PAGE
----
Then I got back, hopped off the bike and racked it in the garage, flipped the Garmin to run and started down the driveway. I thought I was going to DIE! I had read that this was why you needed to do bricks, but I didn’t expect this. I walked/shuffled an entire 0.75 miles before giving up. Then I couldn’t sit down at the breakfast table I was so sore.

I am sooo glad I knew to get this over before the actual race.

I Ran My First 8k Today

Today I ran the Jubilee Run for Cancer 8k race in downtown Montgomery. What a great way to start a Saturday. It was 55 degrees at 7:30am – in May, in Alabama, for goodness sake.

There were a lot of hills, but less than planned, due to a last minute street change courtesy of the Montgomery Police Department. The original route looked like this:
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The final race looked like this:
20130525-214022.jpg

The entire first mile was a pretty steep uphill, and next three miles were a slow mostly uphill run, until finally the last mile was almost all downhill to the finish. This was a great run, and my first 8k race, so I got a new PR!

I was hoping to beat 50 minutes, and I finished 8th out of 16 in my age group, with a 47:44, 116th out of 189.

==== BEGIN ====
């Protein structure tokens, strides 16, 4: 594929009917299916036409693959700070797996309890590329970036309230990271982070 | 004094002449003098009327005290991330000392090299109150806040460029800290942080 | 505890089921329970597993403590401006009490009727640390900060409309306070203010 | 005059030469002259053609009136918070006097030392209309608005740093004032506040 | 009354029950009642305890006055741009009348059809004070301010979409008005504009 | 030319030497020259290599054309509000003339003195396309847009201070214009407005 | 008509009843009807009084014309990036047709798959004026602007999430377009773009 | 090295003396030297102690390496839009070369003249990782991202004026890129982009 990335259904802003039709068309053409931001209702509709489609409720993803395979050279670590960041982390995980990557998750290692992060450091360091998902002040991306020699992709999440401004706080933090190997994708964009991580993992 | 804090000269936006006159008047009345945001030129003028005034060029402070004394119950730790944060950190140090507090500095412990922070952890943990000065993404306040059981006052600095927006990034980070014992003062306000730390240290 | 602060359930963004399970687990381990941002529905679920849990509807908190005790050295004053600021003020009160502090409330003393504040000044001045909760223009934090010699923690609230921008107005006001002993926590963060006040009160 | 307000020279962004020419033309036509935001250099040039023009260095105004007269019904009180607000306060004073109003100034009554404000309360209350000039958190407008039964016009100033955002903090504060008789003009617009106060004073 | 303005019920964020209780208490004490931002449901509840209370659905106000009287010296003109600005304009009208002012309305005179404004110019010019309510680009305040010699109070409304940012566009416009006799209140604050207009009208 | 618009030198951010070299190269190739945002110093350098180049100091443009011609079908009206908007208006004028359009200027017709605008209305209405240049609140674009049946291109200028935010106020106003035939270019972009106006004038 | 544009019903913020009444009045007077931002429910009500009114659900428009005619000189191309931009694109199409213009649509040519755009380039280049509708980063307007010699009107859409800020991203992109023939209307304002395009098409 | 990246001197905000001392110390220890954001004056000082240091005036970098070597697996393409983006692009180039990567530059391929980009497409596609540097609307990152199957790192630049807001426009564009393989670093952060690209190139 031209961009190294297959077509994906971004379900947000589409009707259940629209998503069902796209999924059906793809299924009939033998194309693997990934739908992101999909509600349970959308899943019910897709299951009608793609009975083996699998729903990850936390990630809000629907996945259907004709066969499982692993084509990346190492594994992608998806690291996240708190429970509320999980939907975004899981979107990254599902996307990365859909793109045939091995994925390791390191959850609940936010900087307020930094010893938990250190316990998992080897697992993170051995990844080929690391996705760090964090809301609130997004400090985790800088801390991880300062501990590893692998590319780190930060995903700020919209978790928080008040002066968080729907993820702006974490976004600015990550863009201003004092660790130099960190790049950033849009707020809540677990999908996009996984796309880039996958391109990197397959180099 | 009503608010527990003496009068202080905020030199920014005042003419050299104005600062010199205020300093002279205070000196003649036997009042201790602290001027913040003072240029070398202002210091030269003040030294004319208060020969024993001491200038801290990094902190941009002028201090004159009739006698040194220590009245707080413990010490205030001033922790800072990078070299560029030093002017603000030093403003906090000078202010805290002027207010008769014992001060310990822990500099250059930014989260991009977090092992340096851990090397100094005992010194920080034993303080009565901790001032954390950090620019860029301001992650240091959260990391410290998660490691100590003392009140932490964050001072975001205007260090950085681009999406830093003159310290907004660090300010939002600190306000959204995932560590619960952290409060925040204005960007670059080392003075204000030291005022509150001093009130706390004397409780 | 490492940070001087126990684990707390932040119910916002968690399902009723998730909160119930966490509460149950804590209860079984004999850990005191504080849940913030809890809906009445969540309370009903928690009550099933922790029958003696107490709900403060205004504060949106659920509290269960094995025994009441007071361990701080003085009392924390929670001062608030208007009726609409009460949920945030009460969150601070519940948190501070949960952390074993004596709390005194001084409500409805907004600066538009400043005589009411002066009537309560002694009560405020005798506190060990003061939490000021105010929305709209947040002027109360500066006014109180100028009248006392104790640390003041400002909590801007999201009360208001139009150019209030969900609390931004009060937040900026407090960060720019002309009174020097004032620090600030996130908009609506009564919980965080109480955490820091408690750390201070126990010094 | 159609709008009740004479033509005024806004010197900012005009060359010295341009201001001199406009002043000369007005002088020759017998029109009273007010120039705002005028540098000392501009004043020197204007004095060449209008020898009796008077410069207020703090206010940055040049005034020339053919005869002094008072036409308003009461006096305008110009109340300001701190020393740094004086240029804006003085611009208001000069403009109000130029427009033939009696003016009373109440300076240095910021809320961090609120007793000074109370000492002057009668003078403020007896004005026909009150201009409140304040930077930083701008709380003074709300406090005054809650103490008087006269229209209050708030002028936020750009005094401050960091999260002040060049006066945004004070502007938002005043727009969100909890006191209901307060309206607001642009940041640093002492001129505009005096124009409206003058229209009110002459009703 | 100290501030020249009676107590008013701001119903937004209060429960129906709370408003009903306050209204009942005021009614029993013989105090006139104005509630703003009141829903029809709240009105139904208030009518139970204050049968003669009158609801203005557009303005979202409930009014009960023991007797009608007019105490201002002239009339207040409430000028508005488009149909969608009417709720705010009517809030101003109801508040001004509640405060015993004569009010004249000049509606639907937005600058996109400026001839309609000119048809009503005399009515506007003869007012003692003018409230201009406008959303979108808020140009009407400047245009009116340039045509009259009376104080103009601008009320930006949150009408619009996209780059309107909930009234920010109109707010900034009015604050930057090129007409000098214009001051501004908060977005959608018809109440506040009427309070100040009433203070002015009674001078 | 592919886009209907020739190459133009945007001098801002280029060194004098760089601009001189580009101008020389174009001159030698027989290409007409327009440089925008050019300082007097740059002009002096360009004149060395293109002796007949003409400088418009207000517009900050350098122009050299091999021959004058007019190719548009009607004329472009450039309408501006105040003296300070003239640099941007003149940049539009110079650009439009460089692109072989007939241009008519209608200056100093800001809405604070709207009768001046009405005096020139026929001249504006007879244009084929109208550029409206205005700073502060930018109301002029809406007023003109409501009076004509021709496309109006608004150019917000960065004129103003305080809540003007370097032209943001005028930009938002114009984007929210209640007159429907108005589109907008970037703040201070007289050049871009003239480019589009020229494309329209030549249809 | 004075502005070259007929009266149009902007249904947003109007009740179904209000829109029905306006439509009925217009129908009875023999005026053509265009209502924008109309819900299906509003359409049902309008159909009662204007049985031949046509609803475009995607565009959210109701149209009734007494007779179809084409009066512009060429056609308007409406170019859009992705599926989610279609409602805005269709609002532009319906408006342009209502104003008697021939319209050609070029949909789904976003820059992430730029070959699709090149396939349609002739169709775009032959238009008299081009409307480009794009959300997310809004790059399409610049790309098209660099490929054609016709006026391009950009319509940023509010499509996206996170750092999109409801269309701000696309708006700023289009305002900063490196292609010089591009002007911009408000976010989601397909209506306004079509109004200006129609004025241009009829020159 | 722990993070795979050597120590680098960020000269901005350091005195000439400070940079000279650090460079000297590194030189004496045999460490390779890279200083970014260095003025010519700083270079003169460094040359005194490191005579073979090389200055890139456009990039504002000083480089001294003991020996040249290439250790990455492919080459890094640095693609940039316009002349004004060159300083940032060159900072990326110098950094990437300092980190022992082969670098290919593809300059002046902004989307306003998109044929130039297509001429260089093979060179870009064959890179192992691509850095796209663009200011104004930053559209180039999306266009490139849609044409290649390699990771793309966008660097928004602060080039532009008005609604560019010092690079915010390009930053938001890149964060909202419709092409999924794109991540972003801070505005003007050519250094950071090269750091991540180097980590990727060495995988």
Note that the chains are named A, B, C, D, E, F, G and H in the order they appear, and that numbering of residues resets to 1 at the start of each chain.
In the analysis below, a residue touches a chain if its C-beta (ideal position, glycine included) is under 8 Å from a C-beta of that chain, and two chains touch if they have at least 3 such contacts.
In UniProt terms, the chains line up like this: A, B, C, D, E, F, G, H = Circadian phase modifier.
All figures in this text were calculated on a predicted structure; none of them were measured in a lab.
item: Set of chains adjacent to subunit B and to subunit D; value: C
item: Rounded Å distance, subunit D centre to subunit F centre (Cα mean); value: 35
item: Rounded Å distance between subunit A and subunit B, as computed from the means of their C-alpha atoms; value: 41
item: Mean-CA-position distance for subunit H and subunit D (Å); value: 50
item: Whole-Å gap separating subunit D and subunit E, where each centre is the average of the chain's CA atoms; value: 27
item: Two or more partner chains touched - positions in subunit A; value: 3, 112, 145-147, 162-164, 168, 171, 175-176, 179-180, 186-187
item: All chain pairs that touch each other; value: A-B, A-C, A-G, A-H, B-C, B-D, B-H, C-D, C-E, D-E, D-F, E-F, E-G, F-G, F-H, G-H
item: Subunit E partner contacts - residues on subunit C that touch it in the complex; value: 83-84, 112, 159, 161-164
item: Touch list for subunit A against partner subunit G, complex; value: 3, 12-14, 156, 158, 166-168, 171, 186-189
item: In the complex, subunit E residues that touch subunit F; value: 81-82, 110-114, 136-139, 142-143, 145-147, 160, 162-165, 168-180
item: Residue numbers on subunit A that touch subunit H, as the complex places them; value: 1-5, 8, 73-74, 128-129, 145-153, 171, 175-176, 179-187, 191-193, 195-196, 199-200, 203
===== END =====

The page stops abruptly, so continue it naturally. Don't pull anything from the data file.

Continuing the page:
Now I have four weeks until my first sprint triathlon.

Some Background On My Entry-Level Road Bike Search

I want to follow up to my own earlier entry about buying my first road bike. I’m pretty data-driven, and knew next to nothing about road bikes when I started looking. I still know very little, but thought my search might help the next first-time buyer who finds this blog.

After doing a lot of research, I determined that the vast majority of local bike store’s (LBS) carry at least several of these brands: Cannondale, Felt, Trek, and Scott. The Trek 1.1 was the least expensive at $740, then the Felt Z100 at $809, the Cannondale CAAD8 2300 at $830, and then the Scott Speedster 50 at $880.

Now, these are entry-level, so no aerobars, and every dealer will stress they have entry-level components. But I was looking for something to get me started, something I could ride in several sprint tri’s, and decide if I even wanted to do more than this. I put together this spreadsheet listing the four bike models mentioned above, plus the Trek 1.2 and Felt Z95, both of which are more expensive (more on that in a minute).

The Trek 1.1 is the only one of these bikes that does not have a carbon front fork, and everything I had read said I would notice the difference a carbon front fork would provide. Except for this, all the first four models have very similar components. For instance, they all have the Shimano 2300 STI cranksets, which is an 8 speed. The two more expensive models have the Shimano Sora crankset, a 9 speed. I was told that another difference in these is that the less expensive a crankset, the more plastic parts are used, so they wear out more quickly.